Moreover, Nucor looks primed to take market share, with Frias saying that even though automotive demand is expected to decline (automakers and suppliers are two end-markets expected to decline in 2019), " ... Nucor will actually grow its shipments to these customers in 2019."
If Nucor is able to grow by taking market share, it will largely be due to investments to expand the types of products it can make. For instance, Nucor's Kentucky sheet mill will be able to produce 72-inch-wide galvanized sheet steel, the widest in North America, and its proximity to much of North America's auto manufacturing will be a competitive advantage.
Moreover, management pointed out that its investments aren't just about added capacity and steel product. Recent upgrades at a steel mill in Arkansas will, CEO John Ferriola said, significantly improve its cost structure "and position the mill as the leader in the regional rebar markets that it serves."
Management continues to prioritize capital projects that improve its market position, help it grow shipments, and -- most important -- generate a meaningful return on capital.
The trade fights continue
Steel prices have come down, but the impact of last year's tariffs continue to help Nucor and its domestic peers sell more steel at higher prices. Moreover, the industry got even more potentially positive news on trade recently, with the U.S. International Trade Commission (ITC) issuing a determination that there is "reasonable indication of material injury" from fabricated structural steel imported from China, Canada, and Mexico that domestic steelmakers allege is being illegally subsidized by its country of origin.
This initial determination alone doesn't have any material impact, but it does mean the ITC will further review the case and consider enforcement -- i.e. further tariffs and duties on those specific products from the countries -- to counter illegal subsidies. If that happens, it would both increase selling prices for those goods, and likely reduce imports.
Looking ahead: Optimism abounds for 2019, with big projects set to drive the future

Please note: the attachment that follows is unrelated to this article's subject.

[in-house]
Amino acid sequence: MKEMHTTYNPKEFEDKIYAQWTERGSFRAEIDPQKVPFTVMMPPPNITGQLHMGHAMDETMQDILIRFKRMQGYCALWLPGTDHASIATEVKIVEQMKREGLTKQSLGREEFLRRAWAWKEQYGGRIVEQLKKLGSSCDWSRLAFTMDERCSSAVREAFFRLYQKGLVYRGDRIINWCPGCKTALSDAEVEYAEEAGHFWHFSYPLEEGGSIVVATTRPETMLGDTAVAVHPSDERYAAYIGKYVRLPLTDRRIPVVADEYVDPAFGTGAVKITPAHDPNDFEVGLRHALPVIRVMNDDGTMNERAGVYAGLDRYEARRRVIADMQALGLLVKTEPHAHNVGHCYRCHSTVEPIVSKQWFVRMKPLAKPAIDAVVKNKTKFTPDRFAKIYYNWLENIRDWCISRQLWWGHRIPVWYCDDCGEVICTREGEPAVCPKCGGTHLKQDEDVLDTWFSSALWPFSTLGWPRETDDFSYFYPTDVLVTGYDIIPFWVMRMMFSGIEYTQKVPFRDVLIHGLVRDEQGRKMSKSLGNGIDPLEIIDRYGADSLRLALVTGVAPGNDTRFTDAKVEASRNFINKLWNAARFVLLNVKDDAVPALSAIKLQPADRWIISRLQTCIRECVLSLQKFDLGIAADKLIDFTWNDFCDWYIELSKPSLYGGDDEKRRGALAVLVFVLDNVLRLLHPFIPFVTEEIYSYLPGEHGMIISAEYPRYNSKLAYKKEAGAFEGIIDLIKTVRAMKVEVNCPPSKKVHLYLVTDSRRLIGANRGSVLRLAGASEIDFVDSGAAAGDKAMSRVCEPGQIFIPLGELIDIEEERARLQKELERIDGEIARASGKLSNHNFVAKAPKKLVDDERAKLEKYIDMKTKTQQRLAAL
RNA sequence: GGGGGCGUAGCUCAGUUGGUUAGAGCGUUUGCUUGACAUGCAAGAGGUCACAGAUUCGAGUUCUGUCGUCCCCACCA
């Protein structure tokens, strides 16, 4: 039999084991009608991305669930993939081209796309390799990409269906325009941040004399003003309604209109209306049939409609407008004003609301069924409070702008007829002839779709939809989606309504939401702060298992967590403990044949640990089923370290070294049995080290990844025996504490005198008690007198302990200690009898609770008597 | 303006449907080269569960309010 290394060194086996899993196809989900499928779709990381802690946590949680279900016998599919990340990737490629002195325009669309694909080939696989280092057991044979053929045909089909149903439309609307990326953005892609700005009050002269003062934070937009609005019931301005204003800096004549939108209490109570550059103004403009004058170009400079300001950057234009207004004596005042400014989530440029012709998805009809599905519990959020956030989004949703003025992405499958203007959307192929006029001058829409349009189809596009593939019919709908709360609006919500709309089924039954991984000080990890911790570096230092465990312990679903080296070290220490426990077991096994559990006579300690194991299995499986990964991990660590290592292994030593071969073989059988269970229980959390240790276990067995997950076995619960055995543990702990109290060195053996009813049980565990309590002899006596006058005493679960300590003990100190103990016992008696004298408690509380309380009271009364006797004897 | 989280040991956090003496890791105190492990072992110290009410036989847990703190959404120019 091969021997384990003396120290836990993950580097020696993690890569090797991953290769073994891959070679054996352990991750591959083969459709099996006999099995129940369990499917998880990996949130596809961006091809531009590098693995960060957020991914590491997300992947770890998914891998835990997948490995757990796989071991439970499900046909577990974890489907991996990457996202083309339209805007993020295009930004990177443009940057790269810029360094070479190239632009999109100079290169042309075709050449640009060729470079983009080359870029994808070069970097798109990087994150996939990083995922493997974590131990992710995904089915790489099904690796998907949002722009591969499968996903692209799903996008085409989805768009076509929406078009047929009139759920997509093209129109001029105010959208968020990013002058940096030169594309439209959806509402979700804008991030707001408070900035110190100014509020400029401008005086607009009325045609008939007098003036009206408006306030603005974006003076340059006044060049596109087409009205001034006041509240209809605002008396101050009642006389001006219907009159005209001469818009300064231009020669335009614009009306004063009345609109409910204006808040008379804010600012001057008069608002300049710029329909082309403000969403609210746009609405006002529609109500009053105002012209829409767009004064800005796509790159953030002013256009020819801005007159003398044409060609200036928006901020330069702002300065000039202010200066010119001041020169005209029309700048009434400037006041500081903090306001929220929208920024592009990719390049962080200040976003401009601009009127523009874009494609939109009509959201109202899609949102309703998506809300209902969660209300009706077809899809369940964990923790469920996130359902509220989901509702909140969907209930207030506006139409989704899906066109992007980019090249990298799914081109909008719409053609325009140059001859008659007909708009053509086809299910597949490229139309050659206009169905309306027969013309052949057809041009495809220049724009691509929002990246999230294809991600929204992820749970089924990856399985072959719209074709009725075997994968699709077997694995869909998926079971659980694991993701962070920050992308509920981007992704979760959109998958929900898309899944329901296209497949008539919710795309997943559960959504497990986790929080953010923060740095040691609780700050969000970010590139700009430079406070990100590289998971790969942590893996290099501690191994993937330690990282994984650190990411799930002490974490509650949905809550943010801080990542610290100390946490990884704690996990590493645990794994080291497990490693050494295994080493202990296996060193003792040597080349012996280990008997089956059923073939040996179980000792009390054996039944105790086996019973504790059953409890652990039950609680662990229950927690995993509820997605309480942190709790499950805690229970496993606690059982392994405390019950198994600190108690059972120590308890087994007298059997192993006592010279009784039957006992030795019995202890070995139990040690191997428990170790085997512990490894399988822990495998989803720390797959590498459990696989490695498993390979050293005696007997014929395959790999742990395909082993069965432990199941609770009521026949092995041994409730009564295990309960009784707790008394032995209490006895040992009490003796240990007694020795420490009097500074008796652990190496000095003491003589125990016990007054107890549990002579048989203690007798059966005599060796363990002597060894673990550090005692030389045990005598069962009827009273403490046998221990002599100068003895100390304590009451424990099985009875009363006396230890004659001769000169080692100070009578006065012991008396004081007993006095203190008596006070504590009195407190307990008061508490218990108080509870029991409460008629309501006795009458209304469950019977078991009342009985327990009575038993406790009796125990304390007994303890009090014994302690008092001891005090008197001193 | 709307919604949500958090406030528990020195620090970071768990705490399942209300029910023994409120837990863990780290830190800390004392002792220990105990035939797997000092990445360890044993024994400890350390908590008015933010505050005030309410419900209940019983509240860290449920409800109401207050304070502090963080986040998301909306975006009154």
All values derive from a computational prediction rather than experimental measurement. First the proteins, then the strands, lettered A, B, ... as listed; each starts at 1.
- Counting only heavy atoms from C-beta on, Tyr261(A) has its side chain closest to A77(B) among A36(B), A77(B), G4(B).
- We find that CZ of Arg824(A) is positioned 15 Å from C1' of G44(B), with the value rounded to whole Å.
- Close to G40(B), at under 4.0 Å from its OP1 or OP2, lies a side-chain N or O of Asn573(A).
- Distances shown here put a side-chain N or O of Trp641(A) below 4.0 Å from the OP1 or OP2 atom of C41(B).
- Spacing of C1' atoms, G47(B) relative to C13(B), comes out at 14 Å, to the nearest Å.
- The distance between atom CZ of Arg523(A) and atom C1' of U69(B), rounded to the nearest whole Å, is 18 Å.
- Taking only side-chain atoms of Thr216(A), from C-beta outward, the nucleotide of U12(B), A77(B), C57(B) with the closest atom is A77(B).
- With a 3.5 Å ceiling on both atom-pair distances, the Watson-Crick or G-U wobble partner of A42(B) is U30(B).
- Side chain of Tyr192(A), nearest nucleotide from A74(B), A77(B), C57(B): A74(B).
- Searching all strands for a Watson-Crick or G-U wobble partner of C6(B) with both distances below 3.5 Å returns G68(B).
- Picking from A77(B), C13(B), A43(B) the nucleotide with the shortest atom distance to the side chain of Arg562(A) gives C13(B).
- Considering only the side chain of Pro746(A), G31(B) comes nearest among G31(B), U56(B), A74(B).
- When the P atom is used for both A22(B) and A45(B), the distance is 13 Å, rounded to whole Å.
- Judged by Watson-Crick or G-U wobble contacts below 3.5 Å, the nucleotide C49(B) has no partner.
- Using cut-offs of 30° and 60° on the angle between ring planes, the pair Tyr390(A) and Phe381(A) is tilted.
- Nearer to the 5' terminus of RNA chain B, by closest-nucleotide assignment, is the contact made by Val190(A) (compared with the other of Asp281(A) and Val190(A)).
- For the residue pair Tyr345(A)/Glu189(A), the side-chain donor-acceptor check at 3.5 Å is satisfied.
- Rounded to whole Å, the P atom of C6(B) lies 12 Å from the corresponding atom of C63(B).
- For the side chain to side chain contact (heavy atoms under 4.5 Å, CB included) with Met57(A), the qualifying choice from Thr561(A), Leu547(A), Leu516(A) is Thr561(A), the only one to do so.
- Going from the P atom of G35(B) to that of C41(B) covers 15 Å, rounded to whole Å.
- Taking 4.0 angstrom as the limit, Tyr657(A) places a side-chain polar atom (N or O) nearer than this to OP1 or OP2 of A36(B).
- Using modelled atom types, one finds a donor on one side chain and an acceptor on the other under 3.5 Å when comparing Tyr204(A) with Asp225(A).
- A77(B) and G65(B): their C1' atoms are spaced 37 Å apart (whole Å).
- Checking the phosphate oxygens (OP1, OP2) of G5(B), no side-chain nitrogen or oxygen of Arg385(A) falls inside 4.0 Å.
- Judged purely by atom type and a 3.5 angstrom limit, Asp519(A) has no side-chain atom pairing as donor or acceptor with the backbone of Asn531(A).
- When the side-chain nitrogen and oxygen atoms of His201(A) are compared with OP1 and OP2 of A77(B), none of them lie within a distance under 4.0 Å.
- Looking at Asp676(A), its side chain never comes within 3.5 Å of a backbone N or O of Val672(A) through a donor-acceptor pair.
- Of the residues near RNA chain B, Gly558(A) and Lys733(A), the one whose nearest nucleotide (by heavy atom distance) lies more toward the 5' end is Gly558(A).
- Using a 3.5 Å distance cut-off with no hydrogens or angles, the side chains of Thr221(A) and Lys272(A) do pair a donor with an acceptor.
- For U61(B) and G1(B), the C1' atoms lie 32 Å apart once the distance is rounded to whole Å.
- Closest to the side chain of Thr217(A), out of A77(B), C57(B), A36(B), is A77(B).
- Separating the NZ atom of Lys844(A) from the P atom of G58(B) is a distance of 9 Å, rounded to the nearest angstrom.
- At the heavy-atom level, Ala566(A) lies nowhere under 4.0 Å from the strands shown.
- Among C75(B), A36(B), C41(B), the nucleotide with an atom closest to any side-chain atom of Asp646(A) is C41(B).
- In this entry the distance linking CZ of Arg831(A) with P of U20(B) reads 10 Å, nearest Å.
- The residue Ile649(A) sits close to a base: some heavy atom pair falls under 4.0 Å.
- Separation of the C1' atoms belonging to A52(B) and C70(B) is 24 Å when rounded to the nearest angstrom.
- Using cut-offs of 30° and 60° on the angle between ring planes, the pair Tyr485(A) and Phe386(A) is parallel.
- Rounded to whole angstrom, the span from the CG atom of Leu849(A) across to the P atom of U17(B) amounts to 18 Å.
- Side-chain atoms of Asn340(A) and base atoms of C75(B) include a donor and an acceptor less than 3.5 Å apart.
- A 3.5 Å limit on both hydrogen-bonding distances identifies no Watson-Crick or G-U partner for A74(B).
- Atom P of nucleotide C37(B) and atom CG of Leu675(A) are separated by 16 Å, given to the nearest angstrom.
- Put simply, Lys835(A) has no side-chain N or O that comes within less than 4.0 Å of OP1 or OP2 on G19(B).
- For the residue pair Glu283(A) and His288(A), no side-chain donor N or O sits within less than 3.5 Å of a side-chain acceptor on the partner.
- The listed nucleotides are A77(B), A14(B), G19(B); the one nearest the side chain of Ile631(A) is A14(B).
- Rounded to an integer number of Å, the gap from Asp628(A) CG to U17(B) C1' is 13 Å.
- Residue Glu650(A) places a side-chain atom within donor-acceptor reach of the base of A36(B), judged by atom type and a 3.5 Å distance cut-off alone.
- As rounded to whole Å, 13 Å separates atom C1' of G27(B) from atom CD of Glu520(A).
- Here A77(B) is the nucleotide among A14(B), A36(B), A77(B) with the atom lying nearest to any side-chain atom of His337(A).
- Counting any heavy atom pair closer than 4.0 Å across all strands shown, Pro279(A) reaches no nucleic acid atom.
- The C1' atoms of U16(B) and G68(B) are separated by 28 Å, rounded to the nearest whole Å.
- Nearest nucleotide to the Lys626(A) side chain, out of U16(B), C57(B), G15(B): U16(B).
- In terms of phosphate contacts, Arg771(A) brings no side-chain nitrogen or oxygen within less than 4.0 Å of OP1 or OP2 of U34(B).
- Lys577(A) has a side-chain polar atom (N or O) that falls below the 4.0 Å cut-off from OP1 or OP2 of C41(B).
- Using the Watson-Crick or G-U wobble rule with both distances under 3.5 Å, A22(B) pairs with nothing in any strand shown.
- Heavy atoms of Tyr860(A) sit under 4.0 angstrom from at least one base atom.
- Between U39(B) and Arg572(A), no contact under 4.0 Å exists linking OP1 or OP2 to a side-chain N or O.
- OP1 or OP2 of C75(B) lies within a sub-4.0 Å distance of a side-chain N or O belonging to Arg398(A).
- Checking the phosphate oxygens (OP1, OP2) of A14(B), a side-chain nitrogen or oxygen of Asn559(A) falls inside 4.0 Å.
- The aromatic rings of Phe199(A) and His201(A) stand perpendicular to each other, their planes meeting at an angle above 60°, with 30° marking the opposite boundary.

While it's looking like Nucor may not reach 2018's heights in profits, the industry looks primed to have another very good year. It's also worth noting that Nucor's operating rate could actually fall even more at times, due to the timing of bringing expansions of its mills on line. It can take time for these new mills to ramp up capacity, and that could artificially deflate this metric as internal expansion projects enter operation.
Nucor doesn't issue specific guidance in its quarterly earnings releases, but it does offer some commentary. To paraphrase this version, the second quarter would be similar to the first, with weakening margins in sheet and plate being offset by better margins in structural and bar products from its mill segment; meanwhile, its steel products segment would see "significantly improved" profitability in the second quarter due to typical seasonality of the business as well as improved weather conditions driving demand in nonresidential construction.
It's risky trying to predict when the steel cycle will turn from this phase of robust growth in North America, but Nucor continues to deliver in the current growth environment while management allocates capital to projects that will drive its next phase of growth. It remains to be seen whether those projects pay off in the current cycle, or we see a downturn in the next couple of years and they don't pay off until the cycle turns back to growth.
Either way, Nucor continues to demonstrate why it's the best steelmaker in North America by a long shot.